In pilot clinical experiments, rejection was under way within 15 days. Sutures were therefore left in place throughout, because of the potential to cause further inflammation by their removal when rejection was imminent. In a further series of experiments, epithelial sheets were removed and stained on day 10 (just before rejection) and day 15 (during rejection) and at additional time points, depending on cell type, as follows: ADPase+ cells on days 2, 6, 30, and 100, in that these should be involved in early T-cell activation and may persist for longer than effector cells; CD4+ and CD8+ T cells on days 6, 8, and 30, to determine whether CD4+ cells infiltrates earlier or persists longer than CD8+ cells; and MHC class II and macrophages on day 30, to determine whether dendritic cells (DCs) express class II and whether antigen-presenting cells (APCs) persist as rejection resolves. Granulocytes, CD2, and ICAM-1 were sought only on days 10 and 15. For each cell surface marker, four to six sheets were examined at each time point. Sheets from contralateral eyes and eyes from untreated animals were stained only for ADPase and MHC class II. Slides were masked and coded by a second operator. A microscope (×250 magnification; Leica, Cambridge, UK) with an eyepiece graticule engraved with a squared grid measuring an area of 0.4 mm × 0.4 mm was used to count stained cells in two areas in the recipient (approximately midway between the limbus and graft–host junction) and three in the donor (Fig. 1) , from which mean values for recipient and donor were calculated. An identifiable rejection line was not present in the areas counted. Only MHC class II+ cells of dendritic morphology were counted, and only round CD4+ and CD8+ cells were counted. Other cell types were counted irrespective of shape. Mean counts for donor and recipient were calculated. Observations of the rejection line were made, but cells in the line were not counted. ICAM-1 expression was measured by image analysis of gray levels by computer (Quantimet 500+ software; Leica).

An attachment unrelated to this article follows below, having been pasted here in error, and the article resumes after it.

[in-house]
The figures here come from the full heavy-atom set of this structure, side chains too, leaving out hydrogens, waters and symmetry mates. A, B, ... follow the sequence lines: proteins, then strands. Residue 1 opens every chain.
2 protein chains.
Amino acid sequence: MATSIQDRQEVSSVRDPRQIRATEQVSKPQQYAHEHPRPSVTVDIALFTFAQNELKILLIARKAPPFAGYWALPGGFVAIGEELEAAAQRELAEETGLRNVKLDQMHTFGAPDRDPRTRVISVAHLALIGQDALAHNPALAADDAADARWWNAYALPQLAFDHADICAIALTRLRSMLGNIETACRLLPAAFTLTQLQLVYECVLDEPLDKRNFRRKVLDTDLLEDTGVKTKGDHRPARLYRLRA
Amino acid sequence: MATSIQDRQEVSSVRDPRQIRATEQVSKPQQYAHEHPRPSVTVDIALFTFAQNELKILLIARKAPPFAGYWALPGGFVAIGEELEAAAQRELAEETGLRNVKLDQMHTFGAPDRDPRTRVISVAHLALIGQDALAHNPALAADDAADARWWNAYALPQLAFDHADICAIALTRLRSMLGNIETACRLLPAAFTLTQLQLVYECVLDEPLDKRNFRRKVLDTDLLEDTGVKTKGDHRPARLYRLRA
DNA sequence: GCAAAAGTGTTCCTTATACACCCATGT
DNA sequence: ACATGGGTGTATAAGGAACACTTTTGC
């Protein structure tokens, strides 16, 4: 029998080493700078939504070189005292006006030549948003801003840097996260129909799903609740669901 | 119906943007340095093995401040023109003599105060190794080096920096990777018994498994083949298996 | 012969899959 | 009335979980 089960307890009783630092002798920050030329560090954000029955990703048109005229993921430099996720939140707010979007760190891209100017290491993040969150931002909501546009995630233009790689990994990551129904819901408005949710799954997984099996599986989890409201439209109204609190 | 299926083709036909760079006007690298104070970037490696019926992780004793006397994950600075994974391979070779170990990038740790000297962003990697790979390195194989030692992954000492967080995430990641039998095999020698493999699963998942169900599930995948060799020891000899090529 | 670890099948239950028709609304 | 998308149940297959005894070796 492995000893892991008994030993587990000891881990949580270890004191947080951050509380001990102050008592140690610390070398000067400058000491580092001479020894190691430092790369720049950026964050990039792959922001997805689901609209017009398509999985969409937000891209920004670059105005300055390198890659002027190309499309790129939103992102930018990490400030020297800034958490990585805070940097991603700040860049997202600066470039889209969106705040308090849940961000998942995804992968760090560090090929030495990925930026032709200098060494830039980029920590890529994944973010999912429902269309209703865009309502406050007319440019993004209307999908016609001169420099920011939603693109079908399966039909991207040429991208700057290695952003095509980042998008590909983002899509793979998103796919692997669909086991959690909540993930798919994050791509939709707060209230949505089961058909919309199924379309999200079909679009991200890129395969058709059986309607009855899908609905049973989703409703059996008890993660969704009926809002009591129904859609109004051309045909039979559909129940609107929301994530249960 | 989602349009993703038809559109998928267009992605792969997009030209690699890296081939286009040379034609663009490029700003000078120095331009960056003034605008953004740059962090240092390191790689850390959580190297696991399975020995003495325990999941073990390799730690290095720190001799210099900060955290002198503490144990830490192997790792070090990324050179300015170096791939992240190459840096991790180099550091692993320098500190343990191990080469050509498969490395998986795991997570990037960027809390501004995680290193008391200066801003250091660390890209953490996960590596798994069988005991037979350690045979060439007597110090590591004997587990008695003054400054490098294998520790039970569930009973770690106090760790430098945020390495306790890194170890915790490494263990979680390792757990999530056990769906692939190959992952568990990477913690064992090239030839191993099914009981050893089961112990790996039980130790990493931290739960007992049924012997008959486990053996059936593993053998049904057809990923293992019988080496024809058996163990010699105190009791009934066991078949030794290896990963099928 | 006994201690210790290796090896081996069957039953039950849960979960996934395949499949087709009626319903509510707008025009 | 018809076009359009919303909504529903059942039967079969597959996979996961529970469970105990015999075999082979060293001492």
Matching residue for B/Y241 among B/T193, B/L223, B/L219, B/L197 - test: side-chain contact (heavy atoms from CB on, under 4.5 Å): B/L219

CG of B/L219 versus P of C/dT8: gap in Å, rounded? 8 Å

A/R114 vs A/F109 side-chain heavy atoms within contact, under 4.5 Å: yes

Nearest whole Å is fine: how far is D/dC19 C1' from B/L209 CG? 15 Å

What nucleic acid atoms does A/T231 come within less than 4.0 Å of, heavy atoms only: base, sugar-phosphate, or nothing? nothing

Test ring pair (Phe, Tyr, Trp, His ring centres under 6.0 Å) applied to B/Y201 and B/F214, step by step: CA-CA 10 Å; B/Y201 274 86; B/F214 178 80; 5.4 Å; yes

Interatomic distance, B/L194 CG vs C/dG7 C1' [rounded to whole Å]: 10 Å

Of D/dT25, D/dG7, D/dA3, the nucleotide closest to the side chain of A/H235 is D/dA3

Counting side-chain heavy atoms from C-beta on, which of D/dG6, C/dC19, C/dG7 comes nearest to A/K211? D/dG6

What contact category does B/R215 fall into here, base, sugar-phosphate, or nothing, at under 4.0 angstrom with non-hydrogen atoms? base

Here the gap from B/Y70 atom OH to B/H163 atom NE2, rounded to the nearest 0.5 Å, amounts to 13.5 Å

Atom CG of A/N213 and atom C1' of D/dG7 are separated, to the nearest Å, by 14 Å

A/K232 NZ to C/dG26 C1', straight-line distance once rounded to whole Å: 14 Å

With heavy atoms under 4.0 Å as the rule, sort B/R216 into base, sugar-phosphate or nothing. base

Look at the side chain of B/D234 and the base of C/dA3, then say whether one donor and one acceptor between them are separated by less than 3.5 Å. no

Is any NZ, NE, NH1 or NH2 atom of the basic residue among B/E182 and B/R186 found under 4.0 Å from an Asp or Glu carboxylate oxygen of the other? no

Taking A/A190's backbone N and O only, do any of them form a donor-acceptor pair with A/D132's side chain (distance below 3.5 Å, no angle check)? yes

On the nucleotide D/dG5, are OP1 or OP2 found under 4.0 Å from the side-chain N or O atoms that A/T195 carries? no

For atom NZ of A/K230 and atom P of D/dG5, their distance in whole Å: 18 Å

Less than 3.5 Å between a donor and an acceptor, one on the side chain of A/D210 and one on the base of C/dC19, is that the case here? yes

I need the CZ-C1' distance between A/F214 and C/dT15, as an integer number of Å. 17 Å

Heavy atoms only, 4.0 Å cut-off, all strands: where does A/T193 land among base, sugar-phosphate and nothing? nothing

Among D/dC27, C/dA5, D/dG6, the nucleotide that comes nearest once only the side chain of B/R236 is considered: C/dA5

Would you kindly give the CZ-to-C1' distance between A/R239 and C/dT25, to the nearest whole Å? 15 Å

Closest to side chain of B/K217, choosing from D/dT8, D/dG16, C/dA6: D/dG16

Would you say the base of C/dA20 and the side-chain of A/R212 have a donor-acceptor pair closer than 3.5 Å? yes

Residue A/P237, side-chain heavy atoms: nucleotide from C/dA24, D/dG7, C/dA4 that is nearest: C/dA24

Statistical Analysis
Normal probability plots showed that the data did not conform to a normal distribution, and the variances of different groups differed widely. Square-root transformation resolved both features, permitting use of a parametric test to examine cell infiltration and ICAM-1 expression. However, the small sample size did not permit use of a t-test to compare allografts and isografts at individual time points. Therefore, two-way analysis of variance (ANOVA) was used to compare allografts with isografts over time. If significant differences were shown at the 5% level, a probability representing changes in cell number over time was determined using a one-way ANOVA and the Tukey method for unplanned multiple comparisons. Cell counts are expressed graphically as mean square roots of the data ± SEM. When appropriate in the text, these are back transformed and expressed as cells per square millimeter with 95% confidence interval (CI). 
Results
Clinical Observations
Transient mild stromal opacity and edema cleared during the first few days after transplantation. Isografts then remained transparent indefinitely, whereas in allografts, stromal opacity and vascularization increased (Fig. 2) . By day 7, blood vessels had reached the graft margin in at least one quadrant, and all grafts were undergoing rejection by days 10 to 15 (median, 13 days). Blood vessels persisted in the vicinity of sutures in isografts, whereas in allografts they had progressed half way to the center of the donor cornea by day 15. In 94% of grafts, epithelial rejection was characterized by a curved, irregular white line (Fig. 3) that stained with 2% fluorescein. Typically, this was an arc of at least 180°, but the line occasionally formed a complete circle, appearing on day 11 after transplantation near peripheral blood vessels. The line progressed centripetally over the course of 3 to 5 days, disappearing when close to the center. This feature was never observed in isografts. During the progress of the line, stromal opacity (Fig. 2) and edema increased. The epithelial defect was restricted to the line, with no evidence of epithelial denudation before or behind it. Stromal opacity was diminishing by day 30 and by day 100, clarity was substantially restored in all allografts. 
General Histology